A SIGN NEEDS TO DEFINE YOUR BUSINESS

Your sign needs to tell exactly who you are. There is a Laundromat named The Bubblette in my area. Although it’s an interesting image, it doesn’t state that inside is a place for washing clothes. I have asked people in that town what the Bubblette is, and more than one person answered, “It’s a dog grooming shop.” Make sure your sign states exactly who you are.

A SIGN SHOULD BE VISUALLY APPEALING

By choosing appropriate colors, edges and borders, a sign can be attractive. For instance, blue and green go well with Laundromat décor. Perhaps you could create a wave border. Maybe your sign could feature a drawing of an old-fashioned dryer, a symbol of clean clothes.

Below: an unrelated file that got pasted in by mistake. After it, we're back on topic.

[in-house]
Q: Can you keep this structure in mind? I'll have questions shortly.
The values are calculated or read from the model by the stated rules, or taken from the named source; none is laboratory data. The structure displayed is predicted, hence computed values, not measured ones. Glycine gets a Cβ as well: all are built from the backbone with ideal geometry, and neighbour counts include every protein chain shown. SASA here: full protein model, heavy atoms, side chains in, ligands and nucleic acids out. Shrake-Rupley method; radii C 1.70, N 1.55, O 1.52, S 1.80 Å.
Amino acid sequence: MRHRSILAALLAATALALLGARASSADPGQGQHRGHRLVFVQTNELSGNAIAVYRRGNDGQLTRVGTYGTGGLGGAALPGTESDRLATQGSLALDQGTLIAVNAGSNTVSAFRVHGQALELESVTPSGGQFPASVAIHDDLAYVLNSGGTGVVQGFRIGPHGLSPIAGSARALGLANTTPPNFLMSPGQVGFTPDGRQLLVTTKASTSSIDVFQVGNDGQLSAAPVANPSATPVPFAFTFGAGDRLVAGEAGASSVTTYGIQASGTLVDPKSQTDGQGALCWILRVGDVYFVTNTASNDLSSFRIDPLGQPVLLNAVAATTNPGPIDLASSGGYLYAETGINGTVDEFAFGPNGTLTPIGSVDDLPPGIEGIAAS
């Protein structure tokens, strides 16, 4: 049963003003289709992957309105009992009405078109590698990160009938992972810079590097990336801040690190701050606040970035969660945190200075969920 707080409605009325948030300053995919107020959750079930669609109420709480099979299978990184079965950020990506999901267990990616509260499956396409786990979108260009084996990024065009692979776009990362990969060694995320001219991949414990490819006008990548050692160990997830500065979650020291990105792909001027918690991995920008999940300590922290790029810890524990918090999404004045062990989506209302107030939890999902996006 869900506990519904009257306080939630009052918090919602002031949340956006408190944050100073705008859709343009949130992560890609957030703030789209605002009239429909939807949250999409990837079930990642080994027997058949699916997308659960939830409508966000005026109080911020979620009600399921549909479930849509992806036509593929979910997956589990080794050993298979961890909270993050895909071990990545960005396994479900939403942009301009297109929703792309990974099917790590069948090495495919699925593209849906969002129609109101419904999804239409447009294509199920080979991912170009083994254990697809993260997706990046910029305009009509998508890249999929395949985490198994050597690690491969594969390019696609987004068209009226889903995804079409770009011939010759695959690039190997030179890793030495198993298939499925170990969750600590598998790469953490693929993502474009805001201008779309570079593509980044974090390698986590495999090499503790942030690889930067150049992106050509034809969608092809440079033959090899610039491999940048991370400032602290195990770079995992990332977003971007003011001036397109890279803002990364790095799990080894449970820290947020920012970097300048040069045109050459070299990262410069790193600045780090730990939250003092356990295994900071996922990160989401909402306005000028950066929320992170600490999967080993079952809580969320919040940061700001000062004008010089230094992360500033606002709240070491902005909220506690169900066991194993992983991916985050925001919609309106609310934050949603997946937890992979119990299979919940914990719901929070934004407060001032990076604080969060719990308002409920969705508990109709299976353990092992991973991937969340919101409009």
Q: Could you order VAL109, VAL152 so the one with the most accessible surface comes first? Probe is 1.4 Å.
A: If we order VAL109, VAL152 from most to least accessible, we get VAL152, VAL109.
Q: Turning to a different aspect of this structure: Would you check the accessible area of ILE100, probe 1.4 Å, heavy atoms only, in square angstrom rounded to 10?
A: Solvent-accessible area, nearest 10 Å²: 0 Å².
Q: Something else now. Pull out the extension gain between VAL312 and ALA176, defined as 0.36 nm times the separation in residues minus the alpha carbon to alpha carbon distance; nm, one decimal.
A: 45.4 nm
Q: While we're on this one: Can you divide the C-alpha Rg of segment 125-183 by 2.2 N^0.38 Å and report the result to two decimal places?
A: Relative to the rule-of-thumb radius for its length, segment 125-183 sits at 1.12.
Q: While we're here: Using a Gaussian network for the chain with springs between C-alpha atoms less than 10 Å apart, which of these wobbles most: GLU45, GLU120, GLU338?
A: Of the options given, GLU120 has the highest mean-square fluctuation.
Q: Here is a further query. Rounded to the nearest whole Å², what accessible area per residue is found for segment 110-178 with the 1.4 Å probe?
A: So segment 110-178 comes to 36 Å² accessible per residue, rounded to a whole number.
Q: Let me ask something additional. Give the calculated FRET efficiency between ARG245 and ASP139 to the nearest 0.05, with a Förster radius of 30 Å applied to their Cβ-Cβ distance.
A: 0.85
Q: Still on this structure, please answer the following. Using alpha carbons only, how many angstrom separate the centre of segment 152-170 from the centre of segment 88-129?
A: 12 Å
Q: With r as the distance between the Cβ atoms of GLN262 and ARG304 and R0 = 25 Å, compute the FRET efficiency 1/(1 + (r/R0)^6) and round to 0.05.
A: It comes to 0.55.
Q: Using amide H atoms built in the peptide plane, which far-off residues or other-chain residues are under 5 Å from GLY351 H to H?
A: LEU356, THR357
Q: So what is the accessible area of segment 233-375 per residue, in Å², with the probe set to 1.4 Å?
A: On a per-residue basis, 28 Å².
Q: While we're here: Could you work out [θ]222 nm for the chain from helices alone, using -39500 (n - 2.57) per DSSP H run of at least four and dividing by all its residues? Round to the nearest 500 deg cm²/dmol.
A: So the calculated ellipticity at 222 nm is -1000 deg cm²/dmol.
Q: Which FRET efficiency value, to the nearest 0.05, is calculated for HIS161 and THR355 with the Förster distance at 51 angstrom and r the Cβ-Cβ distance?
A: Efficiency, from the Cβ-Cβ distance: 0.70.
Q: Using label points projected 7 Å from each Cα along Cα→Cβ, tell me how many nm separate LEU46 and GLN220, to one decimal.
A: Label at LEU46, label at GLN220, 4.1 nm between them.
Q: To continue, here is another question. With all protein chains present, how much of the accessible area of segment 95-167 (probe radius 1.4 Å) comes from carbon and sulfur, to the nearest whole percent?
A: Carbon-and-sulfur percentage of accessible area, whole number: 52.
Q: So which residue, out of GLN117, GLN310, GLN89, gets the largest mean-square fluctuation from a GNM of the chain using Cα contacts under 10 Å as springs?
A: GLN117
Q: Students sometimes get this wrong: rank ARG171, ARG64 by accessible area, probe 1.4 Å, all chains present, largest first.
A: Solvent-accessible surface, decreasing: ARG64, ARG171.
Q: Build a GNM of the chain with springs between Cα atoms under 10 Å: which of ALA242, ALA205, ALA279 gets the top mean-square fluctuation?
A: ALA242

A SIGN SHOULD BE LARGE AND VISIBLE

Make sure your sign(s) are easy to see. Walk around your premises to identify the best spots for signs, then drive around and do the same thing. Estimate the best height for these signs. Give yourself 100% visibility.

After you complete your signage, see where else signs will help. Would paper signs on front windows announcing specials turn heads? Would a sandwich sign out front announcing the offering of pick-up/delivery bring in trade? Could an around-the-corner sign pointing to free parking make it easier for customers to enter and leave? Does a sign above the rear entrance eliminate confusion?

The point of this column is not to get you to spend your money frivolously. My point is to assess your signage, and then to make changes so that your signs maximize visibility and say to passersby, “Come on in.”

About the author

Howard Scott

Industry Writer and Drycleaning Consultant

Howard Scott is a longtime industry writer and drycleaning consultant. He welcomes questions and comments and can be reached by writing Howard Scott, Dancing Hill, Pembroke, MA 02359; by calling 781-293-9027; or via e-mail at dancinghill@gmail.com.